- The Washington Times - Thursday, January 8, 2009

A proposed joint venture in Libya between two energy giants, Italy’s Eni and Russia’s Gazprom, is posing an immediate headache for the first U.S. ambassador to take up residence in Tripoli in 36 years.

Ambassador Gene A. Cretz took his post last month in the Libyan capital, at a time when U.S. oil companies are battling to re-establish a presence in the oil-rich North African nation.

Mr. Cretz, a 58-year-old career diplomat, said before departing that serving as ambassador was “a chance to reintroduce America to Libya and a chance to reintroduce Libya to America.”

His appointment as the first U.S. ambassador to Libya in 36 years marked the normalization of Libyan-U.S. relations after Libya in October paid $1.5 billion to settle claims by the families of U.S. citizens killed in the 1988 bombing of Pan Am Flight 103 over Lockerbie, Scotland, the 1986 attack on a West Berlin disco and other terrorist acts.

Secretary of State Condoleezza Rice met Libyan leader Col. Moammar Gadhafi in Tripoli in September, after Libya and the United States settled the outstanding lawsuits.

Mr. Cretz cited business and tourism among his priorities for expanded cooperation when he landed at Tripoli airport on Dec. 27.

Because sanctions on the country were lifted after it abandoned its weapons-of-mass-destruction program five years ago, Libya has attracted a growing number of international oil companies.

U.S. oil companies won several contracts to explore the untapped and potentially vast oil fields after sanctions were lifted, but the deals were threatened by the terror lawsuits and the possibility that the plaintiffs could seize profits as part of a judgment against Libya.

Those obstacles were removed when ties between the two countries were normalized. Now, however, U.S. officials are irked by what they see as unfriendly maneuvering in Libya by longtime U.S. ally Italy, whose Eni energy concern has given Moscow a potential advantage in the Libyan market by signing an asset-swap deal with Gazprom, diplomatic sources say.

If the agreement is finalized, Gazprom will receive part or all of Eni’s stake in Libya’s Elephant oil field in return for Eni being allowed to acquire Russian assets.

Gazprom’s foreign-affairs chief, Stanislav Tsygankov, said Dec. 23 that Eni and the Russian gas monopoly have taken a break before closing the deal because of volatile oil prices but that the accord was “completed in principle.”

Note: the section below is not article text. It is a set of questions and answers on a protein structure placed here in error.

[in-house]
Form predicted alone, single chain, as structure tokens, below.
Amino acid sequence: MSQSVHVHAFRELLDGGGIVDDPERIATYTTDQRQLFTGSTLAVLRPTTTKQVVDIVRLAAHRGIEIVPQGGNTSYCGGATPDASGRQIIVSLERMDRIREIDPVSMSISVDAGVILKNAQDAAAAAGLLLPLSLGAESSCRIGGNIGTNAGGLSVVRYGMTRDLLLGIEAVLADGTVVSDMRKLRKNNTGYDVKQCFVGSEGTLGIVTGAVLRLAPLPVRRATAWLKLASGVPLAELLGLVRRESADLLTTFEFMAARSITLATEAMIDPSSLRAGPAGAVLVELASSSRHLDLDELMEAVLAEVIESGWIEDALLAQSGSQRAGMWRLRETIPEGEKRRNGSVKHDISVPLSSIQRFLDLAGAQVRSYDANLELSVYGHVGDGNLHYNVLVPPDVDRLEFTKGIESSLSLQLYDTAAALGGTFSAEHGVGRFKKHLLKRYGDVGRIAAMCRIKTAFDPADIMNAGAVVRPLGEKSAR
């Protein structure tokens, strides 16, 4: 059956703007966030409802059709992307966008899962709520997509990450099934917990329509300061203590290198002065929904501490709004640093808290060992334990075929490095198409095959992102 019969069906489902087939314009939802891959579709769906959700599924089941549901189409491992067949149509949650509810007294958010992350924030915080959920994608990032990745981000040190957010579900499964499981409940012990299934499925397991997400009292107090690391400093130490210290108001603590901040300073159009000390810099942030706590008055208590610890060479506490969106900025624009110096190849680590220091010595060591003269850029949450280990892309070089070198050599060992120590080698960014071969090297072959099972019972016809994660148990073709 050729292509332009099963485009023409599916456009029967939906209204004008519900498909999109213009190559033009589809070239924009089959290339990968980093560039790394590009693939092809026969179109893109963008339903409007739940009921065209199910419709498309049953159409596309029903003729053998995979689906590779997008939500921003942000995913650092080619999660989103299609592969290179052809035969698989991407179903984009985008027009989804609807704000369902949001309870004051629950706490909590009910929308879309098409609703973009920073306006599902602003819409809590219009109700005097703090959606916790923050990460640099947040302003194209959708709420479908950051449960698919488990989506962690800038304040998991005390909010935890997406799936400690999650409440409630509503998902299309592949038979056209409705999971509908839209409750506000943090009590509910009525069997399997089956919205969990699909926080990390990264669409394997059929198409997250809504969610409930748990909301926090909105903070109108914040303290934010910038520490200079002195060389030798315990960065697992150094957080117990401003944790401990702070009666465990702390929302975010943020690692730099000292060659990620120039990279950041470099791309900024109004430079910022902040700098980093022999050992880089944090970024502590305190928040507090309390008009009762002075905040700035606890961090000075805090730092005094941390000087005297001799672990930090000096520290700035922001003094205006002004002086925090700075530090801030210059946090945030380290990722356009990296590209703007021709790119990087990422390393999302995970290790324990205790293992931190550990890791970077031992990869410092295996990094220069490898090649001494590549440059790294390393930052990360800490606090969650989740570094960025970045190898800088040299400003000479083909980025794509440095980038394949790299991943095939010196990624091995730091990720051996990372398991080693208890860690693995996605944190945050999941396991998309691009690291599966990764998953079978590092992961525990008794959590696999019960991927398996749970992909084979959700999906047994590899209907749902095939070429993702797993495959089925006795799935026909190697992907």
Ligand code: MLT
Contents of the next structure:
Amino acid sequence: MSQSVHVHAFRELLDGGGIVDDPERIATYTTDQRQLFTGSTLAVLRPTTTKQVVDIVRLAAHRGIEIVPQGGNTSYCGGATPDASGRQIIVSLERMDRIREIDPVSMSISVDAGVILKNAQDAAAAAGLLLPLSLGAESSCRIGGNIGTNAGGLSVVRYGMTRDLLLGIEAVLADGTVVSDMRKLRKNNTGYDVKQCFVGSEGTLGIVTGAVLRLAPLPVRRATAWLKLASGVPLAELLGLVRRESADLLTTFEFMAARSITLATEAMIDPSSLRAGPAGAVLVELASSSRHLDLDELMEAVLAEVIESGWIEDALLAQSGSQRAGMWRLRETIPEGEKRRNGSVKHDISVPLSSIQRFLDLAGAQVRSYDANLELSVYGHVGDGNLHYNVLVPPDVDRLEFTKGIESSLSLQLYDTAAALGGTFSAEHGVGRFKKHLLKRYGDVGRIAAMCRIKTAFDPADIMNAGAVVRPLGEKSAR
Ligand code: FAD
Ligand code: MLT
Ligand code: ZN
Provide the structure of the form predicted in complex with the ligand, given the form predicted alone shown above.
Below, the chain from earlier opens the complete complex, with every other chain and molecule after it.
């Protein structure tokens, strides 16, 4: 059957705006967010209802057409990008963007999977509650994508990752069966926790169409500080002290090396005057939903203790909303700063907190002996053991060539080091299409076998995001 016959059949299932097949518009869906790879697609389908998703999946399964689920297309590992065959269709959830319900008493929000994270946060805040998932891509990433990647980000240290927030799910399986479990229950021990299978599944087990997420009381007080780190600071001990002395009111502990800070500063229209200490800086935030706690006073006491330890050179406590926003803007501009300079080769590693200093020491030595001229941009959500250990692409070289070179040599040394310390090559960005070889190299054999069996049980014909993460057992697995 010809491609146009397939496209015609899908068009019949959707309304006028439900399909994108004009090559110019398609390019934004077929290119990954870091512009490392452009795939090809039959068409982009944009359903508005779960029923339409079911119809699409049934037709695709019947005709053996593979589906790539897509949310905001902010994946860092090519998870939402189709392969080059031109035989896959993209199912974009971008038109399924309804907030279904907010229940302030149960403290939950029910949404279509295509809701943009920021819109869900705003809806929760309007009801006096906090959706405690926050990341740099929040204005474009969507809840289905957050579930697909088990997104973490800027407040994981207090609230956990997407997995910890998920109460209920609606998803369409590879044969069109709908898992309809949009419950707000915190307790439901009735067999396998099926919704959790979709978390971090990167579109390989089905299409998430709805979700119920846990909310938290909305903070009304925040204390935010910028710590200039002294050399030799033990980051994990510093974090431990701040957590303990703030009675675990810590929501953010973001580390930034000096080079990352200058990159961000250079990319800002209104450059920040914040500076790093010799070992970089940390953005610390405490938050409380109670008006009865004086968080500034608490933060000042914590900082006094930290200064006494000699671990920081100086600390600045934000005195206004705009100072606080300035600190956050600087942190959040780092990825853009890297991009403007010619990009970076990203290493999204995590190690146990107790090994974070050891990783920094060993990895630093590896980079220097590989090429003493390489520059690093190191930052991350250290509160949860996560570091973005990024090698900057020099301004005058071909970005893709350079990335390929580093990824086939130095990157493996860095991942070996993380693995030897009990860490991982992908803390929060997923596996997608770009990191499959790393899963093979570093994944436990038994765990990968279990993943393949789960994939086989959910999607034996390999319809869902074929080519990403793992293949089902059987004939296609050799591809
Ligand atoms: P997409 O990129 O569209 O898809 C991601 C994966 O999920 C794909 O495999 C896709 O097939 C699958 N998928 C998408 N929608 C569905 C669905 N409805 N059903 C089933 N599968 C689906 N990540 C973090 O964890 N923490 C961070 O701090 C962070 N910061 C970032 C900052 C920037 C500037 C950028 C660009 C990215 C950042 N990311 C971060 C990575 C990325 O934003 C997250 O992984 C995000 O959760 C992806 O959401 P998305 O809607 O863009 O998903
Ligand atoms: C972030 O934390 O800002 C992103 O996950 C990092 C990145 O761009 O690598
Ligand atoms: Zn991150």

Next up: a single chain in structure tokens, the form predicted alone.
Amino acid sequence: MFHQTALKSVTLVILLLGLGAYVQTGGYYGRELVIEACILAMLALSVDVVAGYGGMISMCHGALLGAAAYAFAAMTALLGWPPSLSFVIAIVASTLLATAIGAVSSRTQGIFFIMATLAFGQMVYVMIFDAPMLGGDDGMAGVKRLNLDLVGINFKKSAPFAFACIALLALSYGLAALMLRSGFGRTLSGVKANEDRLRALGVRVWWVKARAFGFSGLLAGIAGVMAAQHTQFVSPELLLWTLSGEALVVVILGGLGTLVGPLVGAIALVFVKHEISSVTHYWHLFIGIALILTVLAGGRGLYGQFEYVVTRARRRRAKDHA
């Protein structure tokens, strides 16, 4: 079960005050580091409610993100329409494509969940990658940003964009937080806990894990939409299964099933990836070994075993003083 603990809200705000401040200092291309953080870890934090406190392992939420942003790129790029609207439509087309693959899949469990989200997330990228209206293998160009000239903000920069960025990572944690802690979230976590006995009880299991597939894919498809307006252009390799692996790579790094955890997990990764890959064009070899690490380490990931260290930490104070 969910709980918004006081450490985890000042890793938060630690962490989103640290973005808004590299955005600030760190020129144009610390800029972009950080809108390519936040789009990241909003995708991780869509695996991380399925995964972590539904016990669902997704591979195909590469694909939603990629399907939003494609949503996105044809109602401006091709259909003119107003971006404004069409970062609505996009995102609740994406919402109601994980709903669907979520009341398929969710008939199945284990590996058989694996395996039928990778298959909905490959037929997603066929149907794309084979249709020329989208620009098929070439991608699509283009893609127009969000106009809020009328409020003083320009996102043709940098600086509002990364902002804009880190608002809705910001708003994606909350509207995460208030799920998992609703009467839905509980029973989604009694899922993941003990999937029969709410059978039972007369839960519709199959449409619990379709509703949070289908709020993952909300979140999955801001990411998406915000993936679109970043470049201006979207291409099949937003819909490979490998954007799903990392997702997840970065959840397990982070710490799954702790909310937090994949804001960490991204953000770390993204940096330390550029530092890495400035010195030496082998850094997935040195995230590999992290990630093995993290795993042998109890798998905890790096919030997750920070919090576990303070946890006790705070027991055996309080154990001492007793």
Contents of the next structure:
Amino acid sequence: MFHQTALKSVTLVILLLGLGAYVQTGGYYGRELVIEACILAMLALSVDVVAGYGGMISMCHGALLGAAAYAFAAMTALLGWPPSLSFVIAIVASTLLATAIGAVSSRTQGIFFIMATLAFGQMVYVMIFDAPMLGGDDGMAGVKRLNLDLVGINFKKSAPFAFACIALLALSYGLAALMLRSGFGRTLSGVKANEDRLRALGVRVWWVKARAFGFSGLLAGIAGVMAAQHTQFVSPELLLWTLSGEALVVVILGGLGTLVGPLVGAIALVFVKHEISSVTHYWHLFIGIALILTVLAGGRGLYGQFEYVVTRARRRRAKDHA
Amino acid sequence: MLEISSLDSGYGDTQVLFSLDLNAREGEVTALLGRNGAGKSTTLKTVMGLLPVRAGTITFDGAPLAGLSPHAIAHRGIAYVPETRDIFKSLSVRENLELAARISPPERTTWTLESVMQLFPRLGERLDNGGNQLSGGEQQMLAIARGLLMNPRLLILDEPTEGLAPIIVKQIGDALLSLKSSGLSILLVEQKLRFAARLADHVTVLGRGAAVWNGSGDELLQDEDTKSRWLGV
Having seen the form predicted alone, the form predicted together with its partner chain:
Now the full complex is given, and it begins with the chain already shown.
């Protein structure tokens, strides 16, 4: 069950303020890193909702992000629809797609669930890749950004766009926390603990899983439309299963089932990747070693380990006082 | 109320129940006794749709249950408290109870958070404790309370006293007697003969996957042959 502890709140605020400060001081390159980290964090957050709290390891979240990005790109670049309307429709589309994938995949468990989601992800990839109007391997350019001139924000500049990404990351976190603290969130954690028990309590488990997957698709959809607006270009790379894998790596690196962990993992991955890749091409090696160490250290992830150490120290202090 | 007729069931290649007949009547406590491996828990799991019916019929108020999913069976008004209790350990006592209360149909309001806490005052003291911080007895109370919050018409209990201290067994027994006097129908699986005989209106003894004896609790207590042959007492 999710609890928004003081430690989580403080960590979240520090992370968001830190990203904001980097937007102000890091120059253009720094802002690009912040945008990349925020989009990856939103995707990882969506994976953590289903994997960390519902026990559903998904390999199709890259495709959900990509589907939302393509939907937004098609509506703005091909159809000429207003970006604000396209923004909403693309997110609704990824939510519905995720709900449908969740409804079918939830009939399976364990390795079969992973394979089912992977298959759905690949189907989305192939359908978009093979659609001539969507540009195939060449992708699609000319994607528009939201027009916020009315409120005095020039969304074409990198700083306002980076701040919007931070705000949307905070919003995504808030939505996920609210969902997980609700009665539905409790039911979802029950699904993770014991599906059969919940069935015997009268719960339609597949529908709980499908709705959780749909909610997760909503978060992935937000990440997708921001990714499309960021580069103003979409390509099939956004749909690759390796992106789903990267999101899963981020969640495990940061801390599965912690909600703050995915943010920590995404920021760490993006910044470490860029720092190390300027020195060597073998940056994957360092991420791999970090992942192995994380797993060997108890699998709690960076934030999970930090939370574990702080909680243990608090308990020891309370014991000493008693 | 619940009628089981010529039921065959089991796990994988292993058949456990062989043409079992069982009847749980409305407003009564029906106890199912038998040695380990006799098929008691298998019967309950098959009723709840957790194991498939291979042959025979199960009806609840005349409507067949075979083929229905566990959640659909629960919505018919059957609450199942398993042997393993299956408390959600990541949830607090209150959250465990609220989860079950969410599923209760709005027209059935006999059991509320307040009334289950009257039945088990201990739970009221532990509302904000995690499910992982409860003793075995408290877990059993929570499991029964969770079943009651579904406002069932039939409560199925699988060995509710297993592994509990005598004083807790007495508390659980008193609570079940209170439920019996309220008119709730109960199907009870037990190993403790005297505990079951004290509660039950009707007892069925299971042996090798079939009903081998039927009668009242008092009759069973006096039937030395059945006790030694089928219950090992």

The Tripoli Post, the government-controlled English-language newspaper, reported last month that Libya also had approved the deal.

More than 30 companies want to match the success of Eni, which in 1997 discovered the Elephant oil field, which produces about 150,000 barrels per day. Eni is the largest foreign oil operator in Libya, with a production of 550,000 barrels per day.

“The American oil companies and government will certainly be unhappy with Eni’s policy,” said Giuseppe Oddo, an energy expert who writes about Libya for Milan’s Il Sole 24 Ore, Italy’s leading business daily.

“Eni’s policy of market penetration in the world often involves friendly relations with Russia, and that is naturally displeasing to the Americans, who are trying to contain Russia. This is obviously the case in Libya.”

The accord came after Libya’s announcement Dec. 6 that the Libyan Energy Fund wanted to buy a 10 percent stake in Eni, one of a number of investments Tripoli is considering in Italy.

The investment would make Libya Eni’s second-biggest shareholder after the Italian government, which has a 20.3 percent stake.

Libya has emerged as a leading source of capital for Italy, its former colonial power, as well as an important energy partner.

Libya recently acquired 5 percent of the Italy-based pan-European bank Unicredit. On Aug. 30, Italy and Libya signed an agreement under which Rome will pay compensation for misdeeds during its colonial rule of Libya.

Col. Gadhafi hailed the accord as opening a new era of cooperation between the two countries.

Mr. Oddo said the competition between Italy and the United States in Libya is not entirely new. “Eni has a historic stake in Libya and has been in conflict with American companies since it started operating there, including providing some covert finance for Moammar Gadhafi’s military takeover,” he said.

The chairman of Libya’s state-owned National Oil Corp. (NOC), Shokri Ghanem, says a merger between NOC and an international oil company could take place within the next five to 10 years.

Should that happen, analysts believe Eni would be a leading candidate.

Italy’s dependence on Russian gas also is a factor in Eni’s collaboration with Gazprom in exploration joint ventures, Mr Oddo added.

“About one-third of Italian gas consumed is from Russia. If the Russians turned off the tap, Italy would have to shut down.”

There also have been persistent reports of personal business synergies developing from Italian Prime Minister Silvio Berlusconi’s relationship with Russian Prime Minister Vladimir Putin. Eni’s policy should be seen against that background also, the Italian expert added.

“The two men are similar in outlook with a similar view of democracy, a little bit dictatorial,” Mr Oddo said.

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